Many countries in both the LAC region and Asia Pacific have large and growing foreign debts. Country risk ratios and the profile of foreign debts for the majority of these countries are near or exceed widely regarded warning thresholds. Chronic budget and funding problems regionwide, including massive infrastructure investment needs and rising social spending pressures, will lead to greater reliance on foreign borrowing. That will contribute to debt accumulation and rising debtservicing burdens. Economic slowdown, massive banking and financial sector restructuring, erosion of export competitiveness and declining foreign exchange reserves will increase the likelihood that these countries will be unable to fully meet their foreign debtservicing obligations. The risk of debt default will be greatly increased over the next decade. Mounting public criticism will make it tougher to arrange future international financial rescue packages, such as those extended to Mexico and Thailand, for cash‐strapped sovereigns. As Canada’s economic profile rises in emerging markets, greater monitoring of country risks is warranted.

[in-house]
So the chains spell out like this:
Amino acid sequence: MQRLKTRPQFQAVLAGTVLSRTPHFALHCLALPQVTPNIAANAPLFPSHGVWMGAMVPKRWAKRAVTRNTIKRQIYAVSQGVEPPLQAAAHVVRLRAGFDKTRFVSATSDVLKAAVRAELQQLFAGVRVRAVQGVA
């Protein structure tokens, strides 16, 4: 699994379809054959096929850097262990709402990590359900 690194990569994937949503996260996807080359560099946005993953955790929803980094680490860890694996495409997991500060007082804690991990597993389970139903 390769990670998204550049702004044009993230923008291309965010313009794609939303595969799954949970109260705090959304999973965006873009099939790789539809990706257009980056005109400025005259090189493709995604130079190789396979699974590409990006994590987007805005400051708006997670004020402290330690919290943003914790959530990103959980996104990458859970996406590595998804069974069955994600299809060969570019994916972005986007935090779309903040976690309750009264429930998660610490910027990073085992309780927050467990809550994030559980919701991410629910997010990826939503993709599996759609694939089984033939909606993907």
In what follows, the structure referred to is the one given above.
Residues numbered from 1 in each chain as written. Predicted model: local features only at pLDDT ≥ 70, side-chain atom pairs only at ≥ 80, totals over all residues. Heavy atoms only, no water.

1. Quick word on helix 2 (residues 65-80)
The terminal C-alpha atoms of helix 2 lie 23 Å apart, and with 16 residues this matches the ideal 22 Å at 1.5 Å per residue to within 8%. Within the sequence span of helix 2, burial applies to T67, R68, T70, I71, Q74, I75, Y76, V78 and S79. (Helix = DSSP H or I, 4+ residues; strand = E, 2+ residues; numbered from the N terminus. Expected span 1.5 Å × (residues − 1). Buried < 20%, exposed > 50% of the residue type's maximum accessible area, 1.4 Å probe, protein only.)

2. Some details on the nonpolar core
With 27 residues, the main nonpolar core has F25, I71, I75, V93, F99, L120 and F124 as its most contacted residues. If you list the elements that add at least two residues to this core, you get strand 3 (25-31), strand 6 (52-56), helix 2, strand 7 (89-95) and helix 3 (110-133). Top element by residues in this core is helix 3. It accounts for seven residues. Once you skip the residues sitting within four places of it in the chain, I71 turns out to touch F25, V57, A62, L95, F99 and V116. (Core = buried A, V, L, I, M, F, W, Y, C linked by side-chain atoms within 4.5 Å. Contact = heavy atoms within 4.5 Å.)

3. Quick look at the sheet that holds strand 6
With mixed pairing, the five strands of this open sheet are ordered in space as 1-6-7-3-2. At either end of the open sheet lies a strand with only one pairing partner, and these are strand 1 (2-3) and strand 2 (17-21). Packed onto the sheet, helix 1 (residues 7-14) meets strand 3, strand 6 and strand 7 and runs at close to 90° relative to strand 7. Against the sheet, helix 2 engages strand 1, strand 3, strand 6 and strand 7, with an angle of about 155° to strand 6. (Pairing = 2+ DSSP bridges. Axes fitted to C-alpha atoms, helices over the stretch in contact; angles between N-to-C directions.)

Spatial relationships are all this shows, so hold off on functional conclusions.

Details

European Business Review, vol. 98 no. 4
Type: Research Article
ISSN: 0955-534X

Keywords

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Article

Robert E. Looney

The turbulent world economic conditions of the 1970s and 1980s have required major adjustments within individual Third World countries. Two distinct responses were made by…

Abstract

The turbulent world economic conditions of the 1970s and 1980s have required major adjustments within individual Third World countries. Two distinct responses were made by various governments: some reacted rather quickly with internal adjustment policies, while others borrowed heavily in order to finance high growth rates or at least to postpone economic contraction. Argentina is one of many countries that fall into the latter category.

Details

Journal of Economic Studies, vol. 14 no. 3
Type: Research Article
ISSN: 0144-3585